The “Levant” is a reference to the eastern Mediterranean, including the modern-day countries of Syria, Lebanon, Jordan and Palestine. Literally “rising” in French, the term refers to the east, where the sun rises. “Sham” is a term for “Greater Syria” referencing the same general geographic region as the ‘Levant’. It is also used colloquially in Arabic to refer to Syria, or Damascus.
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Did ISIL change its name again?

ISIL now refers to itself as The Islamic State. On 29 June 2014, ISIL released a statement declaring a new caliphate with Abu Bakr al-Baghdadi as Caliph Ibrahim and “leader of Muslims everywhere.” ISIL also demanded allegiance (or bay’a) of all active jihadi organizations, a move that puts it in direct competition with al Qaeda and its affiliated groups.
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What are ISIL’s origins?

The Islamic State of Iraq and the Levant (ISIL) is the present-day incarnation of al-Qaeda in Iraq (AQI)/the Islamic State of Iraq (ISI). Distinct from Jabhat al-Nusra (JN) in Syria and no longer officially connected to al-Qaeda, ISIL seeks to build a “Caliphate” (Islamic state) in the Levant and is currently operating across Syria and Iraq.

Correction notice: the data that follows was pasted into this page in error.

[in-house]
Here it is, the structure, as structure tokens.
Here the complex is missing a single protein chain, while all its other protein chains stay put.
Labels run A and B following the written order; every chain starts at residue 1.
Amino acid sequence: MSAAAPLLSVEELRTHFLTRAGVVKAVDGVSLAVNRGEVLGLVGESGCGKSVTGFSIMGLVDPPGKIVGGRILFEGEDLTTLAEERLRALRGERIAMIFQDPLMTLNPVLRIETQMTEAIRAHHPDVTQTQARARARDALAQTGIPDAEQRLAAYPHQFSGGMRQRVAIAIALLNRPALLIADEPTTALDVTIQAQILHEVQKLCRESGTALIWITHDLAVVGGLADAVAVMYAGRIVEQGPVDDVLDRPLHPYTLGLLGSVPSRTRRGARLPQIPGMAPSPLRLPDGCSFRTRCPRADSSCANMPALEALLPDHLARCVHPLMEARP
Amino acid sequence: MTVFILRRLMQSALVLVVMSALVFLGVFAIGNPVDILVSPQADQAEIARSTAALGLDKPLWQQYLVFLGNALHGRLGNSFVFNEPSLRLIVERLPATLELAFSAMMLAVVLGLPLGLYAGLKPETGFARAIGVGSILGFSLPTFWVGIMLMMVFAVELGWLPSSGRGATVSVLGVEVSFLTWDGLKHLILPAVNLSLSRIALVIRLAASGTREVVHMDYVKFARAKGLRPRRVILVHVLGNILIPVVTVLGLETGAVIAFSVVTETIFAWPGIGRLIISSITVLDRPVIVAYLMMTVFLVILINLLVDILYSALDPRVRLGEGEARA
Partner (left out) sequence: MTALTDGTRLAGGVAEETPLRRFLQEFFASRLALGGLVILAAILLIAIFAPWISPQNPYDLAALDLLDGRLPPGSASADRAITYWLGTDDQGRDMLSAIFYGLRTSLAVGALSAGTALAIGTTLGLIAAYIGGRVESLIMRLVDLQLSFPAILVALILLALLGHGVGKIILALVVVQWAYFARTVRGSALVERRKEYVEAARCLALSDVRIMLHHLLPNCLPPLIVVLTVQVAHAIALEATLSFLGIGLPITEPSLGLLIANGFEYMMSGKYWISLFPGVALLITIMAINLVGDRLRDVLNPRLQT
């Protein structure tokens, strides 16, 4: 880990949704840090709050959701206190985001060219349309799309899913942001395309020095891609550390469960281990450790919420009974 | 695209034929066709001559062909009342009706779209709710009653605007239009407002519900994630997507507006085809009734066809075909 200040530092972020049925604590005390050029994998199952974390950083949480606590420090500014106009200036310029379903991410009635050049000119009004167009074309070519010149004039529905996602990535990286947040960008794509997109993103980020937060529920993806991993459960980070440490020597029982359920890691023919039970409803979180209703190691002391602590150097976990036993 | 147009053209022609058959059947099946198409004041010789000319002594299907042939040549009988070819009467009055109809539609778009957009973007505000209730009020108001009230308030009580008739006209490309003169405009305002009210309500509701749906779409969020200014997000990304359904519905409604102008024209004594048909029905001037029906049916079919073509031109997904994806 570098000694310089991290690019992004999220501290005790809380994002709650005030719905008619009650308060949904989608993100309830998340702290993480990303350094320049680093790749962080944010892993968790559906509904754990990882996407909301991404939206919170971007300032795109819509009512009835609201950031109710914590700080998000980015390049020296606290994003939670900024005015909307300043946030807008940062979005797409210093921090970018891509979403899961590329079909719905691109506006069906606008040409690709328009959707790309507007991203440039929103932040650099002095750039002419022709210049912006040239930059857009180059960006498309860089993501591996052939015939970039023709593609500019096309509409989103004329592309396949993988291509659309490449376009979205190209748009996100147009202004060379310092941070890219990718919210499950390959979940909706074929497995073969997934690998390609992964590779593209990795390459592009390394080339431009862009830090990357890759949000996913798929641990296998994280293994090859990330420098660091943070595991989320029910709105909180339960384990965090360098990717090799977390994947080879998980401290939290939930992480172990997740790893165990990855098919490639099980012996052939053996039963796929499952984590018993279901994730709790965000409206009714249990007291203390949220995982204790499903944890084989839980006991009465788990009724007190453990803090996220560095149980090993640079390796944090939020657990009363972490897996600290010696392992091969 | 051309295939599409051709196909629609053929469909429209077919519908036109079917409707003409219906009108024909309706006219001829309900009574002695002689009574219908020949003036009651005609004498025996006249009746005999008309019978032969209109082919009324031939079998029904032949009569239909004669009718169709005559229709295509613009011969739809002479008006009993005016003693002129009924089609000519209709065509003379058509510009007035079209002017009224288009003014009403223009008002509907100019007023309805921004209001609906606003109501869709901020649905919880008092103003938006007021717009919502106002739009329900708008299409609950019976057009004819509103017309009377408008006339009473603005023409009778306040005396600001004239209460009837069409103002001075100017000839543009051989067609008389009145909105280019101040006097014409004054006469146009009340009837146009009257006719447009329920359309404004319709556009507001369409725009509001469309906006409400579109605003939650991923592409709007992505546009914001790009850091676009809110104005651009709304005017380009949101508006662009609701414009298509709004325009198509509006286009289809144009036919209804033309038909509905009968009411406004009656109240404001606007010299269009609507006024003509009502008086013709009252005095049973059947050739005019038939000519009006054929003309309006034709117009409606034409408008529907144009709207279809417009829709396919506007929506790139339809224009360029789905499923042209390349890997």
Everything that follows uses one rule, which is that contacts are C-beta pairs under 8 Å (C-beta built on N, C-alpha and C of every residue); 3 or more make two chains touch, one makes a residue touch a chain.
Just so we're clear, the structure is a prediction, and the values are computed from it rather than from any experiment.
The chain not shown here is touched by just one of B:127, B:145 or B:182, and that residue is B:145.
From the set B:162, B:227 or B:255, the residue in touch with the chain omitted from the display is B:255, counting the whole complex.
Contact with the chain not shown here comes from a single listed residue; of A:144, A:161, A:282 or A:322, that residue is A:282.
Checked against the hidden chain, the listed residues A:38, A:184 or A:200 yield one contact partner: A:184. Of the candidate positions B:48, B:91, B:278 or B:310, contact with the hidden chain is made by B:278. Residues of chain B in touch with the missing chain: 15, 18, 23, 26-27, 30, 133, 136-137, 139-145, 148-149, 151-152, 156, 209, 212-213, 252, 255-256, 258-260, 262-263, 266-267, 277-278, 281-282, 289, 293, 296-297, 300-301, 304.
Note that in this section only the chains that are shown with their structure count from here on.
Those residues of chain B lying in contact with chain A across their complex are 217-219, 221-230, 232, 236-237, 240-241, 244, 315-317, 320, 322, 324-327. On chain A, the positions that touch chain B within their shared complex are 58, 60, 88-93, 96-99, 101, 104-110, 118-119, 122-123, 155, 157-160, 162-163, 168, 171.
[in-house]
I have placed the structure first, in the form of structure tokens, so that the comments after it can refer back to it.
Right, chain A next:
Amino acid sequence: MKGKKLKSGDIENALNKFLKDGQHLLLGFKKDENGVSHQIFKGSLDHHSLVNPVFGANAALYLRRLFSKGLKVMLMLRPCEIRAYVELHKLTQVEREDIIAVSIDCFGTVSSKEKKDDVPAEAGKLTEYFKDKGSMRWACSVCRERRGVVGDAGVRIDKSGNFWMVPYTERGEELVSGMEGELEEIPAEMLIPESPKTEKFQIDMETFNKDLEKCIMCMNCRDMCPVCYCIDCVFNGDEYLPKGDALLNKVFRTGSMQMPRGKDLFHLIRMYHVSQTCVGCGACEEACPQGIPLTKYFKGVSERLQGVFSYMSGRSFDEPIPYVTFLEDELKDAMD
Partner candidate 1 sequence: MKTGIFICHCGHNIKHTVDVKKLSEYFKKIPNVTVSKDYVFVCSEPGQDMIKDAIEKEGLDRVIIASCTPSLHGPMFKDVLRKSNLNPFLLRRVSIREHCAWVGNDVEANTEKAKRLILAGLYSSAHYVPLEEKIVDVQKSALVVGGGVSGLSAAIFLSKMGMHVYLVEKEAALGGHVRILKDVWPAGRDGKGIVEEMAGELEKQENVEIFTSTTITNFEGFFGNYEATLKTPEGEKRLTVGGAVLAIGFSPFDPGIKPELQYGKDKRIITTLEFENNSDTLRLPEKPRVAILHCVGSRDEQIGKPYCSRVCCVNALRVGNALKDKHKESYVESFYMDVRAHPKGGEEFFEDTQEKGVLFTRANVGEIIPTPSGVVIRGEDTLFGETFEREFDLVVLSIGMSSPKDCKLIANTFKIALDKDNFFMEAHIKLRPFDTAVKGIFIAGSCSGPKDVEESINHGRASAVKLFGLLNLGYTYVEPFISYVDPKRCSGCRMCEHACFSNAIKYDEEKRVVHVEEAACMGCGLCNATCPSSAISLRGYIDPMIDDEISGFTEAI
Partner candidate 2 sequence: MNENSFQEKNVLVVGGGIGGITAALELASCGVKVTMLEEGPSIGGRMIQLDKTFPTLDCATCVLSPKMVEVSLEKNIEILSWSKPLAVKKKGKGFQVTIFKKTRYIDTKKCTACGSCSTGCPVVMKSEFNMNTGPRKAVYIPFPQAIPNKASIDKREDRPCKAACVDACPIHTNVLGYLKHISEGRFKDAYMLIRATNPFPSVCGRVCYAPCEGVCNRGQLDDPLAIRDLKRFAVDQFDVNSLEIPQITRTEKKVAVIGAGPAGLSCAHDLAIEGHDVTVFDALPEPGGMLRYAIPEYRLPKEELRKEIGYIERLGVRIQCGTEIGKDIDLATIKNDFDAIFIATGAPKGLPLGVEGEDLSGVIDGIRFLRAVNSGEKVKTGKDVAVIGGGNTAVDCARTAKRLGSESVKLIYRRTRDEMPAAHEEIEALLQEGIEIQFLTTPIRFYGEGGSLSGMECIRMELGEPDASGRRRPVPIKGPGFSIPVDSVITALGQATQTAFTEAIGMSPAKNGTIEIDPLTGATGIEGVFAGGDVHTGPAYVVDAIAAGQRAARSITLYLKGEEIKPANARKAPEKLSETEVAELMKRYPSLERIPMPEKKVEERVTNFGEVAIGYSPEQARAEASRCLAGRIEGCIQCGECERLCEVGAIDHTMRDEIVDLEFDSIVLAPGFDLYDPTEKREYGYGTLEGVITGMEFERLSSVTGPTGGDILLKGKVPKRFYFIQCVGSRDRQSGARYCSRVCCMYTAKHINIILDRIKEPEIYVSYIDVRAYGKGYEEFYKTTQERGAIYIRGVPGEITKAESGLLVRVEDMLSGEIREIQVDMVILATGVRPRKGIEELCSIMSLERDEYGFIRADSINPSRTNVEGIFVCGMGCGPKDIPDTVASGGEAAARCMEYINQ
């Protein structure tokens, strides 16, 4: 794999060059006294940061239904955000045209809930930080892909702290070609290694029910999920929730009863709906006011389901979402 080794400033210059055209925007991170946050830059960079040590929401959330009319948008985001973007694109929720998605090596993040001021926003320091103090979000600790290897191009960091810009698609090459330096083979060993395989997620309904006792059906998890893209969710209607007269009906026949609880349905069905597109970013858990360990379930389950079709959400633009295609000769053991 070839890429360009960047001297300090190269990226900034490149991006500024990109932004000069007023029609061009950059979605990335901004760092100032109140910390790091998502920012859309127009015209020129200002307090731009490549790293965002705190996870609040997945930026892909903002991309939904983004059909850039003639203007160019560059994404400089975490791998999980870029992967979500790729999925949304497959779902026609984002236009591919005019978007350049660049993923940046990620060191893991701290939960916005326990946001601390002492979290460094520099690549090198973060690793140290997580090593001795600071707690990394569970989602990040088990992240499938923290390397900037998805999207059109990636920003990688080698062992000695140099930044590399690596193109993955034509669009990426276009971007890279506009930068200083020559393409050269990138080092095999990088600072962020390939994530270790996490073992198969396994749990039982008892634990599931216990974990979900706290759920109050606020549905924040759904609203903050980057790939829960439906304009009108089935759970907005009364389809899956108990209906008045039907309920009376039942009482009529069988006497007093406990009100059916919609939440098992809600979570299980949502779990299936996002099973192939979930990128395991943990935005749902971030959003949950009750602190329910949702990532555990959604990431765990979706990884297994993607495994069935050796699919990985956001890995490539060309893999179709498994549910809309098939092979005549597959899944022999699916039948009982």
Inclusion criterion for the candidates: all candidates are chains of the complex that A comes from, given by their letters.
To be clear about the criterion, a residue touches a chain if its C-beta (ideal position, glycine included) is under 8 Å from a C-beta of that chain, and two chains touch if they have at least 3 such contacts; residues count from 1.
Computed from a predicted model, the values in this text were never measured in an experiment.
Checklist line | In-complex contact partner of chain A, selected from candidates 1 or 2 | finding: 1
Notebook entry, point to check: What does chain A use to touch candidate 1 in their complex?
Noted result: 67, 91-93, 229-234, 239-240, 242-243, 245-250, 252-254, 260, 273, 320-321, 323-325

ISIL’s origins trace back to the group Jamaat al-Tawhid wal-Jihad, formed in Jordan in 2002. It was later named Tanzeem Qaedat al-Jihad fi Bilad al-Rafidayn, otherwise known as al-Qaeda in Iraq (AQI) after pledging allegiance to Osama bin Laden in 2004. In late 2005, its then leader Abu Muzab al-Zarqawi united various jihadist groups under the banner of the Mujahideen Shura Council and instilled a cult of violence that endures in the group today. After Zarqawi’s death in June 2006, his successor, Abu Hamza al-Muhajer, also known as Abu Ayyub al-Masri, declared the formation of the Islamic State of Iraq (ISI), led by Abu Omar al-Baghdadi. Al-Masri and al-Baghdadi were killed by US and Iraqi forces in Tikrit in 2010, at which point the current “Emir” of ISIL, Abu Bakr al-Baghdadi, was appointed.